He called for “More Babies, Please.”
“In the eternally recurring debates about whether some rival great power will knock the United States off its global perch, there has always been one excellent reason to bet on a second American century: We have more babies than the competition,” he wrote.
But that’s changing.
“American fertility plunged with the stock market in 2008, and it hasn’t recovered,” he wrote. “Last week, the Pew Research Center reported that U.S. birthrates hit the lowest rate ever recorded in 2011, with just 63 births per 1,000 women of childbearing age. (The rate was 71 per 1,000 in 1990.)”
That’s important, he noted, because “Today’s babies are tomorrow’s taxpayers and workers and entrepreneurs, and relatively youthful populations speed economic growth and keep spending commitments affordable.”
But he offers no real answers to the fertility cliff. He acknowledges “government’s power over fertility rates is limited,” but suggests “a more family-friendly tax code, a push for more flexible work hours, or an effort to reduce the cost of college.”
Amanda Marcotte responded in Slate magazine, “Right-wingers may be busy tallying the number of babies born, but the rest of us are actually worried about taking care of them when they get here. …
In addition, many of us worry about handing over this planet to younger generations, especially in light of … the global warming crisis.”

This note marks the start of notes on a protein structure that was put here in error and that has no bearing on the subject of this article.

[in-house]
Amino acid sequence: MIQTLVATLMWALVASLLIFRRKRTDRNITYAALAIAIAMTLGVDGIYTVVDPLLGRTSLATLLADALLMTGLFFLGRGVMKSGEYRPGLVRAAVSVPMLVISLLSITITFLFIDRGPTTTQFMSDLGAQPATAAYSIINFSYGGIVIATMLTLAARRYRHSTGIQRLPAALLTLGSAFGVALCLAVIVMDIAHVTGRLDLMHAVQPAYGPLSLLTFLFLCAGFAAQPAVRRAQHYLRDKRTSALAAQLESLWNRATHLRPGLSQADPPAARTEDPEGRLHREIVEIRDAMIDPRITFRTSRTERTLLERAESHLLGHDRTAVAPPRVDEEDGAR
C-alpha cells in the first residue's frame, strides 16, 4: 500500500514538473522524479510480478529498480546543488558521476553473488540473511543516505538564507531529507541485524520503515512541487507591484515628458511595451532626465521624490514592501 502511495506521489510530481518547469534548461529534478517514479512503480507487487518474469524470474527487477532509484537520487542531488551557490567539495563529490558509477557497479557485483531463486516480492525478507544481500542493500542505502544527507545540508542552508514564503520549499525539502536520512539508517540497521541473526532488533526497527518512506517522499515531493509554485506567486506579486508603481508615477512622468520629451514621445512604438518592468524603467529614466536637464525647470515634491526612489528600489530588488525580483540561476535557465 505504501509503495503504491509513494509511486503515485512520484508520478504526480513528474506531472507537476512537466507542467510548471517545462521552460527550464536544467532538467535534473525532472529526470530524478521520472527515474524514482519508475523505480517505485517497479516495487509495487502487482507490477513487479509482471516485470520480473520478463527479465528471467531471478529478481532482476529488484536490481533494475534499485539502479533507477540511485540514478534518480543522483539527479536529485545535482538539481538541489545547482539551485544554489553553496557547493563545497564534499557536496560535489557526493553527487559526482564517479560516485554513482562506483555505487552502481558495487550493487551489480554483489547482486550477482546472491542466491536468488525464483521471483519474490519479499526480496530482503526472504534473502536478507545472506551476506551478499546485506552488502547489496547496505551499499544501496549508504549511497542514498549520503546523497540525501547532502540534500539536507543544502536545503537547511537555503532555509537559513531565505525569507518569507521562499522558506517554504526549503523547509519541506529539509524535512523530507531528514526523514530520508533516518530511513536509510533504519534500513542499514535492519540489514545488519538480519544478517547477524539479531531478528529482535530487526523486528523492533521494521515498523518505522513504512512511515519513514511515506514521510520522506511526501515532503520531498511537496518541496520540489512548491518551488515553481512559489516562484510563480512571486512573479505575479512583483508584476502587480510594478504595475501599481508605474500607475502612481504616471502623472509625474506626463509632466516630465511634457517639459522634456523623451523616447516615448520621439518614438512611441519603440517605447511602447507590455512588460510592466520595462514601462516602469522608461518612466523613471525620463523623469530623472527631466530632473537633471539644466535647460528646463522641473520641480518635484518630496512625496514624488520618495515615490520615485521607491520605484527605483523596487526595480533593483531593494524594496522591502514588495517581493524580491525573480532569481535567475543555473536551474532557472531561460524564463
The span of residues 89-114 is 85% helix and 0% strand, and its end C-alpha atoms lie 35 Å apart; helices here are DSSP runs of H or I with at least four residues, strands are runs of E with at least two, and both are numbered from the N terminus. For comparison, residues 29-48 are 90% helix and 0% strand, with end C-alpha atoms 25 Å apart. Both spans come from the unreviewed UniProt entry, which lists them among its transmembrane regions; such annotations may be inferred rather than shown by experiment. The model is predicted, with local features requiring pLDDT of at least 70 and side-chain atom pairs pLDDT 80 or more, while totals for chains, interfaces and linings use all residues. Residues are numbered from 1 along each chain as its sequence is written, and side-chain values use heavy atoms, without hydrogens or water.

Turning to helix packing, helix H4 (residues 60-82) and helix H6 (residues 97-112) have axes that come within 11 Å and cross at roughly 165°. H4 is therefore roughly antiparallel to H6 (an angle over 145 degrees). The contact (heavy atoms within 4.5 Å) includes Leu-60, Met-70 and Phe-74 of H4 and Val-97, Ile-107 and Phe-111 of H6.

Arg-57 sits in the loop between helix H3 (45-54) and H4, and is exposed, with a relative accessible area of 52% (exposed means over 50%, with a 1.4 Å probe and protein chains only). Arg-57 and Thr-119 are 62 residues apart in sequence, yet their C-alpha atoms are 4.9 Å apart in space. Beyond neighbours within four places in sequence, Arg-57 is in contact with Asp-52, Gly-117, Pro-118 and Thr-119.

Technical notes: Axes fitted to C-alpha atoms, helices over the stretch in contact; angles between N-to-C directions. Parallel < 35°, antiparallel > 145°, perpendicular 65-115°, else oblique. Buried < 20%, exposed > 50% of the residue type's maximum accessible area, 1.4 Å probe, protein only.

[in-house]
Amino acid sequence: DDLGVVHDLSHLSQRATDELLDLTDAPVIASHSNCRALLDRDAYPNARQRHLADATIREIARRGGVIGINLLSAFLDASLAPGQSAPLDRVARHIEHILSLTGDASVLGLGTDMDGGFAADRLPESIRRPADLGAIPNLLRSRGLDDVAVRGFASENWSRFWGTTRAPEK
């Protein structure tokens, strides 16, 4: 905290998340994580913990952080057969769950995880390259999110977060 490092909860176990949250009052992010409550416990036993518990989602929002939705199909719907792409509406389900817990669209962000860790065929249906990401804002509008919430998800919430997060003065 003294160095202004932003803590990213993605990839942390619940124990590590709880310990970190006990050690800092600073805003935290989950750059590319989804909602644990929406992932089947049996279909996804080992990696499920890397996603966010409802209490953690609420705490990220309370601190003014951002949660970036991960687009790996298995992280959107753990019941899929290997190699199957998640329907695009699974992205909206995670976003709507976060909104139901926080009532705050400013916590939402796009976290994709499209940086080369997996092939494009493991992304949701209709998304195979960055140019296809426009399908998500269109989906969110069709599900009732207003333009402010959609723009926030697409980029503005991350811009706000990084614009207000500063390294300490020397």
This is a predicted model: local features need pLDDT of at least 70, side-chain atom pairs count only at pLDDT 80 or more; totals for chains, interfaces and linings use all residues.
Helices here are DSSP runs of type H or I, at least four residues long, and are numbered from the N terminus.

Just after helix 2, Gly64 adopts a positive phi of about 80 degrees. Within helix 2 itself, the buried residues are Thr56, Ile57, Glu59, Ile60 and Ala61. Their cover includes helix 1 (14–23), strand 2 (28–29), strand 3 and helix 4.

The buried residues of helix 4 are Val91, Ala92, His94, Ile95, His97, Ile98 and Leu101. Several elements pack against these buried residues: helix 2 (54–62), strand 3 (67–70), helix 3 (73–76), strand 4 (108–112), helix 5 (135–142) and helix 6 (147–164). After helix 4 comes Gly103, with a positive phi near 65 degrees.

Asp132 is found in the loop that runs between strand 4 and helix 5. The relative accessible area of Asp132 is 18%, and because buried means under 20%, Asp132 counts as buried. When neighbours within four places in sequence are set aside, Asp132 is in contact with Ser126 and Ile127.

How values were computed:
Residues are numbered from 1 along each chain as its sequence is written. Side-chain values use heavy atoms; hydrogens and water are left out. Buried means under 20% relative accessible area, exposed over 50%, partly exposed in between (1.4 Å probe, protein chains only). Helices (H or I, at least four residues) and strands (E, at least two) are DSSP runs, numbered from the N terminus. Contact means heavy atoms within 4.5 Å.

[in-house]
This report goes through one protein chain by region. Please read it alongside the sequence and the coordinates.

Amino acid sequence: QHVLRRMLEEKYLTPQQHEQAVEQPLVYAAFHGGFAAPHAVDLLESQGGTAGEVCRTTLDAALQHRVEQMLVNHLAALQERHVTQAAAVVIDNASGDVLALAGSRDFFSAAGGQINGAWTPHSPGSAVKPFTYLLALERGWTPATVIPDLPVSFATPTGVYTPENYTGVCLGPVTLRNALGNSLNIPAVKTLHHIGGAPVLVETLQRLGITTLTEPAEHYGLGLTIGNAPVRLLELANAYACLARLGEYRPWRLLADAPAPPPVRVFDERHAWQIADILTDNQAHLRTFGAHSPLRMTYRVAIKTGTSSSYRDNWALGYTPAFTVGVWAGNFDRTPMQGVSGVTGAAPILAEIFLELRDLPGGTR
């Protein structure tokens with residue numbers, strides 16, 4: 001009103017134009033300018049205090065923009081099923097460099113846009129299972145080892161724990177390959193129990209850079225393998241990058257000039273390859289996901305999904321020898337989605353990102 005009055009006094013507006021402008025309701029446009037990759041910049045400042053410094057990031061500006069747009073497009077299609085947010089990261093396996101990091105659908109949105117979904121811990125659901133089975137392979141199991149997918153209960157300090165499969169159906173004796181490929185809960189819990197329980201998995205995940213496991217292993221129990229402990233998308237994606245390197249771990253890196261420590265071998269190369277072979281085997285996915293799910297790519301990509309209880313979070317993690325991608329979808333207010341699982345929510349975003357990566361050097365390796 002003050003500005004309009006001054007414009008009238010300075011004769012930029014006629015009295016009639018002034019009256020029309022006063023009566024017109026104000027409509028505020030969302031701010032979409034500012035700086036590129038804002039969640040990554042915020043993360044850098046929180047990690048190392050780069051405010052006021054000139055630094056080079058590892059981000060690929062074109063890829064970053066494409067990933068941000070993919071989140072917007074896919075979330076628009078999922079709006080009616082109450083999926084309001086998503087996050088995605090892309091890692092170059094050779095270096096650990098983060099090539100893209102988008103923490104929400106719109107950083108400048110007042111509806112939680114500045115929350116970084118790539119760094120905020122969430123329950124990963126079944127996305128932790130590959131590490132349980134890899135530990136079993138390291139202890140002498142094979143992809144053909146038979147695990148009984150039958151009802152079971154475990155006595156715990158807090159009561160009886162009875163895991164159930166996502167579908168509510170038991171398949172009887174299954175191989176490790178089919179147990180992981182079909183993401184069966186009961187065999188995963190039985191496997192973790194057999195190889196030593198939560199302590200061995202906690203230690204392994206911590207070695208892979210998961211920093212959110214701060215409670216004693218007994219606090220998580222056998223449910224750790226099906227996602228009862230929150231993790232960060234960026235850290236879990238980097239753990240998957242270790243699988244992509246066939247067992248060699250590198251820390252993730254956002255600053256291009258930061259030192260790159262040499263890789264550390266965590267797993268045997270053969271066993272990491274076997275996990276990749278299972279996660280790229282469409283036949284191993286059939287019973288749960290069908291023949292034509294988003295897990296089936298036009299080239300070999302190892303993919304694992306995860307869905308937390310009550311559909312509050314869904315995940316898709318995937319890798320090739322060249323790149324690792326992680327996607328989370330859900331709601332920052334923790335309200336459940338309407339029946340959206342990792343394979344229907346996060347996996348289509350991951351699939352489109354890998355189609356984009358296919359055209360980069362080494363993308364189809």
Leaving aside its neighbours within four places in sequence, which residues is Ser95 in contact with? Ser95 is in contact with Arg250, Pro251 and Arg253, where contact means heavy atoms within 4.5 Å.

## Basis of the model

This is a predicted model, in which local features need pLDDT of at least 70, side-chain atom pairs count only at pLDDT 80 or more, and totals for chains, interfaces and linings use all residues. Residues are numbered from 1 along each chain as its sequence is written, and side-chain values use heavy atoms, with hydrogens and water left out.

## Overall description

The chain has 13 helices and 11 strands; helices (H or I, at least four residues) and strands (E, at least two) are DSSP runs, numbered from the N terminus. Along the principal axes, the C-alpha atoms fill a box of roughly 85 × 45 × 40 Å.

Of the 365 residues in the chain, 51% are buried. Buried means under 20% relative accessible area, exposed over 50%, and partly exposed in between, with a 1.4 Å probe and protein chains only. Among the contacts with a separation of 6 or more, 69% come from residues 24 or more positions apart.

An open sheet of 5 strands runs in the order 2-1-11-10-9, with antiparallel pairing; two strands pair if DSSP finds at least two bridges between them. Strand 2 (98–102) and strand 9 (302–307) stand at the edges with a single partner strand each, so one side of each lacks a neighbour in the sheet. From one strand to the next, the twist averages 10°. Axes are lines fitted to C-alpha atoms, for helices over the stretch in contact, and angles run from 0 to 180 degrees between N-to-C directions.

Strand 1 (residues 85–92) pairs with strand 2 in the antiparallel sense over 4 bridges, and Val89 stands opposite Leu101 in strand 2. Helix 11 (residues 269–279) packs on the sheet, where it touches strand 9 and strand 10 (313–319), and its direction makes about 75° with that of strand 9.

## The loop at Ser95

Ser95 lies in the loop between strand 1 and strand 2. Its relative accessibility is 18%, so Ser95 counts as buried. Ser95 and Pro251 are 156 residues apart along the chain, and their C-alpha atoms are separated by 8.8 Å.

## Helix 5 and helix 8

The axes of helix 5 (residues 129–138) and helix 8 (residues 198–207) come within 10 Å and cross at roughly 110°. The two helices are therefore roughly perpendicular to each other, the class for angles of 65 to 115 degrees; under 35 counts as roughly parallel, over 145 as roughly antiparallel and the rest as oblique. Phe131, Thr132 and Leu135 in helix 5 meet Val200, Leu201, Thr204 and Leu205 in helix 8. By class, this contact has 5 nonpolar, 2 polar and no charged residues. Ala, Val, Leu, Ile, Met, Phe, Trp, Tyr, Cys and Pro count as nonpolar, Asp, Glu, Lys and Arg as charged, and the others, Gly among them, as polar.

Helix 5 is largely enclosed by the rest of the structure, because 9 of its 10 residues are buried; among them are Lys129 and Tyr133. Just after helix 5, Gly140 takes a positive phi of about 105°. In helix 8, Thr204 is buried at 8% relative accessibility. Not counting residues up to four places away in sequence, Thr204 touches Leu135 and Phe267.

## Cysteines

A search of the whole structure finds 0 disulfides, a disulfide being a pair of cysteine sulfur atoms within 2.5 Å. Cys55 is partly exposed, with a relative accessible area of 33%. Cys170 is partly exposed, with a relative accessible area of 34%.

Added Sarah Sentilles in Religion Dispatches magazine, “I have chosen not to have a biological child because I don’t want to live in a world where every animal of the earth and bird of the air experiences fear and dread at my approach.”
The reactions are as extreme as the column itself was, well, pointless. Douthat’s worry is valid — the burden of the boomer generation will be a heavy one, indeed, and will need lots and lots of workers to support it.
But by failing to offer a solution beyond vague policies to support “families” — meaning ones with children — Douthat shows himself to be a mere alarmist.
We’ve seen what those policies would produce — it’s called the “Life of Julia,” that once-mocked campaign ad in support of President Barack Obama’s vision of government-as-helpmeet.
There are, however, real policy changes that could make a difference. The child tax credit is part of the “fiscal cliff” scenario, and if Congress fails to act, it will revert to $500 per child, down from $1,000. That’s real money in the pockets of real families. It should be saved, and even expanded.
A growing economy would also encourage more couples to have children. That, too, can be achieved, if Congress has the courage.
But don’t worry. People will keep having babies. It’s what they do.